The two economies are not exactly comparable, of course. Manufacturing jobs, to which workers can be quickly summoned back, make up a much smaller percentage of the total jobs today. Inflation fell sharply in and after the ’81–’82 recession, while it is increasing today. Housing prices had not suffered nearly the hit they have taken in recent years, adversely influencing people’s perception of their ability to spend money. The microprocessor revolution was much less advanced then than now, when firms contemplating expansion are more likely to look to investing in new technology than in new employees (although the new technology will create more jobs in the long run).
But Reagan’s low-tax-rates, less-regulation, America-is-the-hope-of-the-world philosophy also differs sharply from Obama’s, in which taxing the rich, turning always to the government for answers, and America-causes-the-world’s-problems are cherished principles.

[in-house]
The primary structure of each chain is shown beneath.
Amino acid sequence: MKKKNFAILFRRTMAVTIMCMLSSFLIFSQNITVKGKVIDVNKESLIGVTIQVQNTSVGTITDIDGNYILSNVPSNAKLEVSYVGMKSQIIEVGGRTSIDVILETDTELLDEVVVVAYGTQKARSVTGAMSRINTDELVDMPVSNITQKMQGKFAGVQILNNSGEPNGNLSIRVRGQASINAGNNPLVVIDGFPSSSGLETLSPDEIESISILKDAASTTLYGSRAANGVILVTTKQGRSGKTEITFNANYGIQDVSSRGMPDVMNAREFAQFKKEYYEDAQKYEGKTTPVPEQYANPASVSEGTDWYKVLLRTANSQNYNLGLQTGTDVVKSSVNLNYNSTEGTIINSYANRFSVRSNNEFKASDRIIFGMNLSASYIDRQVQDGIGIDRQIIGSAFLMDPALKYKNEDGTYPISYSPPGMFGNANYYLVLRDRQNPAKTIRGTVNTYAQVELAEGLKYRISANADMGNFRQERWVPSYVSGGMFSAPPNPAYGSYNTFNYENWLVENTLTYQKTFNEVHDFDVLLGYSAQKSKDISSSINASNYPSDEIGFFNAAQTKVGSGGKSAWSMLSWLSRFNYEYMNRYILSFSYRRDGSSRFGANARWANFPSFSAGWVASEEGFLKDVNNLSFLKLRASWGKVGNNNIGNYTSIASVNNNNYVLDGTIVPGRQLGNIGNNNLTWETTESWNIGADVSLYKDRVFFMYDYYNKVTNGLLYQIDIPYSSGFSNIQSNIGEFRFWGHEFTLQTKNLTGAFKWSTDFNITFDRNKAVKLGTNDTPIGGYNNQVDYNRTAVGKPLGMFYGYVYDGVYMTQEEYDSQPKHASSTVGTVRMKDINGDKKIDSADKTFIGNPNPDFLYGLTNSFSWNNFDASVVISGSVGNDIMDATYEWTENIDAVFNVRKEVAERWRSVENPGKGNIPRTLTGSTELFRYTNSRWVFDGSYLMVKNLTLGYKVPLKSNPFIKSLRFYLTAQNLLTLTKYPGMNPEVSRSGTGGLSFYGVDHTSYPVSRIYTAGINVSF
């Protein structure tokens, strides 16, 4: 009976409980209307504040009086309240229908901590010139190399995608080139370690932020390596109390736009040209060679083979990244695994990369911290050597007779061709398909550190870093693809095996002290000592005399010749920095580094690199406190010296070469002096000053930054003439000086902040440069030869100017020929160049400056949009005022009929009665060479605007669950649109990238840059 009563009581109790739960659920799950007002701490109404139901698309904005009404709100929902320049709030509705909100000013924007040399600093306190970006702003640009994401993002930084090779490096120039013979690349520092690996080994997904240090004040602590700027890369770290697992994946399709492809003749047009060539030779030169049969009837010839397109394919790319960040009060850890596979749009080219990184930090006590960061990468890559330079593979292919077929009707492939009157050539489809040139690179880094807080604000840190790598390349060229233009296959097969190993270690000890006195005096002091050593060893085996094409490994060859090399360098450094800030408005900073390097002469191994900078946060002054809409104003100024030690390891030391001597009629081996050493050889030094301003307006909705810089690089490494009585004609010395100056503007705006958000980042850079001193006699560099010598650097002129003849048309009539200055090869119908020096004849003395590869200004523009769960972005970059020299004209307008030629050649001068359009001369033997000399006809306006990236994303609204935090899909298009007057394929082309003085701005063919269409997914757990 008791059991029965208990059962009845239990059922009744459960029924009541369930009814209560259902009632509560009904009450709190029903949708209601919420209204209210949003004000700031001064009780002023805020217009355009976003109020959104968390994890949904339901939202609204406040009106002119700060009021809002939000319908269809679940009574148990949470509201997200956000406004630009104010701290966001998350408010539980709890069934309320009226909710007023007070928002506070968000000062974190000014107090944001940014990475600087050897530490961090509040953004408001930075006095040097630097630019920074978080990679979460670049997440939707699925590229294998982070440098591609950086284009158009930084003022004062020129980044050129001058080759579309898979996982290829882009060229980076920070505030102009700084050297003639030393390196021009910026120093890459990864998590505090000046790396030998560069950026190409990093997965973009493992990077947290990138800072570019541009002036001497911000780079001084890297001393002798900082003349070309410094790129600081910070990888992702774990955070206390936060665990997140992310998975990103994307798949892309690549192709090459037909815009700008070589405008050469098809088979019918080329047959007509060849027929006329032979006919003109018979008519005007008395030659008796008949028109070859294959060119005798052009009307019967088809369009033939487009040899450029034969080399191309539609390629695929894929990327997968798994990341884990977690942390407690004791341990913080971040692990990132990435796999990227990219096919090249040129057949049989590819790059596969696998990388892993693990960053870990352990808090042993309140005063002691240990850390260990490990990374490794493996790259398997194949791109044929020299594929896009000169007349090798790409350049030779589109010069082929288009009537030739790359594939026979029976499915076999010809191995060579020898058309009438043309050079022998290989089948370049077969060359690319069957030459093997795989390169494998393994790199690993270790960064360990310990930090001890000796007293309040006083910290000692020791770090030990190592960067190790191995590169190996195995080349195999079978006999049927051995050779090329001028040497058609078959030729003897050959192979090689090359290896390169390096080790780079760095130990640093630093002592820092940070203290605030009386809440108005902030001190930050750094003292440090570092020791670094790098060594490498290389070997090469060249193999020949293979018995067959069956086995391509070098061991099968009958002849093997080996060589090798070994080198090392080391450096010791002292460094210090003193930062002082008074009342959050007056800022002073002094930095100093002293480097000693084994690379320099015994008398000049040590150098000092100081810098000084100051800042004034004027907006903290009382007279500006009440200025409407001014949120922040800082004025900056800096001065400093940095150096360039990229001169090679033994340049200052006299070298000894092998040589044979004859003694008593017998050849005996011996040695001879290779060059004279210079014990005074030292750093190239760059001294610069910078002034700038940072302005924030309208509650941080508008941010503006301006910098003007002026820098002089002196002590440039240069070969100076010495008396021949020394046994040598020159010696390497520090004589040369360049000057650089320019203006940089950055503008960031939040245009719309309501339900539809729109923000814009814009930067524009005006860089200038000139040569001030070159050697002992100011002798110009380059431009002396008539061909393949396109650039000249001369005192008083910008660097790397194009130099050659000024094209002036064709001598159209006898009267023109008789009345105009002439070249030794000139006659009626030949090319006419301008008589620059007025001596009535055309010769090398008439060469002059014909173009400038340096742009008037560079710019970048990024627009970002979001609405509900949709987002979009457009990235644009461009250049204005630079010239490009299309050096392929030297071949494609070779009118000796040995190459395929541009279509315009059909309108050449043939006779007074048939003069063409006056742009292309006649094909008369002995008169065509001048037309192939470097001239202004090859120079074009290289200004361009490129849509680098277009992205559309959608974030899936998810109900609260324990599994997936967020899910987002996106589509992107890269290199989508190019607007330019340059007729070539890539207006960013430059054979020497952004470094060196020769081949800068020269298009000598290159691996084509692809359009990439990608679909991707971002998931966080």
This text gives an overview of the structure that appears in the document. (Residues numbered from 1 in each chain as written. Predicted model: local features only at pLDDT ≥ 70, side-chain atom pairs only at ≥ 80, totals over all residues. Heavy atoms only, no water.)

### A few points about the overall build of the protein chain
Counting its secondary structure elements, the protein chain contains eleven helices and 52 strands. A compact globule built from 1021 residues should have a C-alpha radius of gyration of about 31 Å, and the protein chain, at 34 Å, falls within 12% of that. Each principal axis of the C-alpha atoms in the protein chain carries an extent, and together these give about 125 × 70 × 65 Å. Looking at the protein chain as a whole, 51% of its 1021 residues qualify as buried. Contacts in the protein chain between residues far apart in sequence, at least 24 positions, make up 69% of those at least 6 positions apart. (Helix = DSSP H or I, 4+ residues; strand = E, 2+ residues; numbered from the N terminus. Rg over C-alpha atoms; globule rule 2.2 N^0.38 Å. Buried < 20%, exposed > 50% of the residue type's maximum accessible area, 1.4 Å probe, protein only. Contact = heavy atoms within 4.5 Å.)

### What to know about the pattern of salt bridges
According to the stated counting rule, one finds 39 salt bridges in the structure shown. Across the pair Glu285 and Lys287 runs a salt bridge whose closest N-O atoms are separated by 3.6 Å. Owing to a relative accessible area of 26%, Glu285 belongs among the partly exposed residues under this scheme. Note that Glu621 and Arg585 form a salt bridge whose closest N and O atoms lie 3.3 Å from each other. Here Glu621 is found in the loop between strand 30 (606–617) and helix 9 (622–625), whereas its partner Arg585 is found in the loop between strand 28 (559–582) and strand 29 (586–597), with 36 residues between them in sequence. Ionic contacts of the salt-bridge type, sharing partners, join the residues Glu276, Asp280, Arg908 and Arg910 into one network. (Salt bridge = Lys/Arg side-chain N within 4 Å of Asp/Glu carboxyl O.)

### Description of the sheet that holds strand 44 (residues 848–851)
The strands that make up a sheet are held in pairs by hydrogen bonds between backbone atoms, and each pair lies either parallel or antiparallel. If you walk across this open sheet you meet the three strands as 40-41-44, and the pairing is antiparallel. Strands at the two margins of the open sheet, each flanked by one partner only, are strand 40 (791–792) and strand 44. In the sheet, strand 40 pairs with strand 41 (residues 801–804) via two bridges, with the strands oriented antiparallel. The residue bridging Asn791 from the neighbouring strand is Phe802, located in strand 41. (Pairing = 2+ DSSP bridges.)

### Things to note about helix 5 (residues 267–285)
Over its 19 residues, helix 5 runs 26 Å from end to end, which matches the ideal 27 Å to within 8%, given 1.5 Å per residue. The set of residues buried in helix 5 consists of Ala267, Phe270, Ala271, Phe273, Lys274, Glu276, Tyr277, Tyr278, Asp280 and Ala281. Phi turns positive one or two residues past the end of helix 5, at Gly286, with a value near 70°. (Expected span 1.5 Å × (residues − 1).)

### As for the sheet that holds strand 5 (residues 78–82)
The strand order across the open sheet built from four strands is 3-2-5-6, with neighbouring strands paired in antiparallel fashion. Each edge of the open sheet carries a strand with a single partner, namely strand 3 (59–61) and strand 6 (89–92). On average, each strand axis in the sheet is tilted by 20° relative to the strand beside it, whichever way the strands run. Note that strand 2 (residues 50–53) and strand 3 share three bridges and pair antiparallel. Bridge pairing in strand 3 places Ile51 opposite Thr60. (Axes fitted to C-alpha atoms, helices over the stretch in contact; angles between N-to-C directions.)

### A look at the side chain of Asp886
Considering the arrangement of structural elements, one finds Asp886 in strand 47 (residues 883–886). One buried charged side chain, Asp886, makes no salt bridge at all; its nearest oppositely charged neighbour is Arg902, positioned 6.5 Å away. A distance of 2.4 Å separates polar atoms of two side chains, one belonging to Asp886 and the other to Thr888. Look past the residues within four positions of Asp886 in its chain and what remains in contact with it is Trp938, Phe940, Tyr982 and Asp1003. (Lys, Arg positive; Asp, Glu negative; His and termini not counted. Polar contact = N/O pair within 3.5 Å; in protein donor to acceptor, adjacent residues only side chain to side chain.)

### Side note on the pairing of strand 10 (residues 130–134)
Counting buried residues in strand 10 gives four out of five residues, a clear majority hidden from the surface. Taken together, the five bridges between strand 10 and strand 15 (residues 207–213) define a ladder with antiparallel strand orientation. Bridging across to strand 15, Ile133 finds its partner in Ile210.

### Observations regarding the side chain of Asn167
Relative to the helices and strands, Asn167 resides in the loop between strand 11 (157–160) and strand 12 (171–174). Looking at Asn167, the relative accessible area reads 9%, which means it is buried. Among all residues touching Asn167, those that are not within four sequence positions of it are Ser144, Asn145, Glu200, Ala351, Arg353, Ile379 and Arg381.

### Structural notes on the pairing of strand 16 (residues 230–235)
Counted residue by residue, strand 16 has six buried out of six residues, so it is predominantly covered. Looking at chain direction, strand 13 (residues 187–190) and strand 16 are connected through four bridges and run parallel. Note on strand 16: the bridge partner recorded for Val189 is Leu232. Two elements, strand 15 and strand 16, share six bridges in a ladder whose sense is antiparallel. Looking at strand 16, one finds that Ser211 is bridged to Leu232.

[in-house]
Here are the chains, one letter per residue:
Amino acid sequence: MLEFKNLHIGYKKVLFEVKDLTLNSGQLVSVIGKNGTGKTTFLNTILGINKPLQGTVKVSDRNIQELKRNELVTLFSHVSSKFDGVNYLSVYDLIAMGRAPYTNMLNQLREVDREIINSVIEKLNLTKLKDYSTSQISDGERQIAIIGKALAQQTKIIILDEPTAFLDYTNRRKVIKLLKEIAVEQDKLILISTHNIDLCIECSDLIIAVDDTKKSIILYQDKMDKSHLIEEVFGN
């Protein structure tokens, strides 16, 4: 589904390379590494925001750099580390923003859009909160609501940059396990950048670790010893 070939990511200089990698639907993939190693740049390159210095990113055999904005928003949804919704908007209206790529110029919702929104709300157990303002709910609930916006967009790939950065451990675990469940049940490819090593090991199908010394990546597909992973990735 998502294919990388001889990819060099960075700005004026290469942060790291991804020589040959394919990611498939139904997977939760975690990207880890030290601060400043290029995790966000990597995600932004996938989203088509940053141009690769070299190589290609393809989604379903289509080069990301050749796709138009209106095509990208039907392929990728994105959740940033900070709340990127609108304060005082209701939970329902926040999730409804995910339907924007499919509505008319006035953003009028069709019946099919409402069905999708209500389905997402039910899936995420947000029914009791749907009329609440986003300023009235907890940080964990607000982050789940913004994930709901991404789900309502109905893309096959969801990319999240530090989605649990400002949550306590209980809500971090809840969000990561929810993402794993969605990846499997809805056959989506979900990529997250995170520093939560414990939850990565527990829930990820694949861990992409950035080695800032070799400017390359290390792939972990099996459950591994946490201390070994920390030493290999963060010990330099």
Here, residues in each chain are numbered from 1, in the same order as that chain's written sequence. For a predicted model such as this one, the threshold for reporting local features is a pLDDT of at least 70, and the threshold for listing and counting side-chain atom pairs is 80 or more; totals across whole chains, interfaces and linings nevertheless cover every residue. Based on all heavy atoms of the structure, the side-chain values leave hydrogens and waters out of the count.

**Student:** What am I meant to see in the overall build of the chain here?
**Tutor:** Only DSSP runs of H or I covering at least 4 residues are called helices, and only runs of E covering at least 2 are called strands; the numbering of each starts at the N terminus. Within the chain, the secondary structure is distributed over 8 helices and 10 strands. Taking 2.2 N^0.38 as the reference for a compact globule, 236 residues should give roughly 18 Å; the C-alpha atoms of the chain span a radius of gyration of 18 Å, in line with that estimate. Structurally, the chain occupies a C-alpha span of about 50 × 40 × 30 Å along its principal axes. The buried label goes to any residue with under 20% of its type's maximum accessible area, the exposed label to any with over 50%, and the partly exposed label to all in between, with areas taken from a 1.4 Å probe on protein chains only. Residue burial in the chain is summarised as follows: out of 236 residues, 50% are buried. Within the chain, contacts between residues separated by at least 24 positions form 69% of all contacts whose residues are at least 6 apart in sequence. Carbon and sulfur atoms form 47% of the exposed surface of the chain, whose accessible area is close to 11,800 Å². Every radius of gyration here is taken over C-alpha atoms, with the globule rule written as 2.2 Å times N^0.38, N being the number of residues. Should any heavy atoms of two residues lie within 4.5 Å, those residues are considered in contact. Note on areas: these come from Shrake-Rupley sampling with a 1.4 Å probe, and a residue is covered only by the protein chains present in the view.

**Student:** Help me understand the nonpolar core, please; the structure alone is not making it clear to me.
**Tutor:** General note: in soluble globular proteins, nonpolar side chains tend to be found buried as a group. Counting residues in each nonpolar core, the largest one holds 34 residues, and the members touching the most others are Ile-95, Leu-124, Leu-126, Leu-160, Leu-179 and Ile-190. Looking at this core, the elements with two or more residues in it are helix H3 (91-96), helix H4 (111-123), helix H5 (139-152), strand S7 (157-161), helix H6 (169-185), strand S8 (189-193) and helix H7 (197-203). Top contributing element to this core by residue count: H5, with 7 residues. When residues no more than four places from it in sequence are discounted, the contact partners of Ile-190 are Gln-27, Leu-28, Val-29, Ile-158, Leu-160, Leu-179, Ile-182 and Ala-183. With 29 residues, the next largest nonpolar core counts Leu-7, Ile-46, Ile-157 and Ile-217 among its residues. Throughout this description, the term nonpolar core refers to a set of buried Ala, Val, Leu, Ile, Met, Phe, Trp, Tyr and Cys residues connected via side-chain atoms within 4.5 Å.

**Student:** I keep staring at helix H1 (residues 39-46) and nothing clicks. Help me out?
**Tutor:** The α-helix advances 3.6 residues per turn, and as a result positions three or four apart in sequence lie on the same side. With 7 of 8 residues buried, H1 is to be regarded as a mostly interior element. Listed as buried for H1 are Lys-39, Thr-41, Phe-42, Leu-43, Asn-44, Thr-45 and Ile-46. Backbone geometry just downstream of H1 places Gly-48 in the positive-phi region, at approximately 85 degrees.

If Obama sticks with that ideology, and it’s hard to see how he can abandon it now, he’s got a big reelection headache.
If you were wondering about the decline of American exceptionalism, the news that Superman is renouncing his American citizenship is more proof of how far the worm has turned. According to the Huffington Post, in Action Comics #900 the Man of Steel says he’s giving up his U.S. passport.
Of course, Superman did come to this country as an illegal immigrant. The native of Krypton crash-landed in Kansas without a valid visa. Unlike Barack Obama, he would not be eligible for the presidency. Although I can’t claim to have read all of the Superman opus (at least, not recently), I imagine at some point in the saga a grateful nation naturalized him without forcing him to pay a fine and return to his home star system and await his turn for legal entry into the country.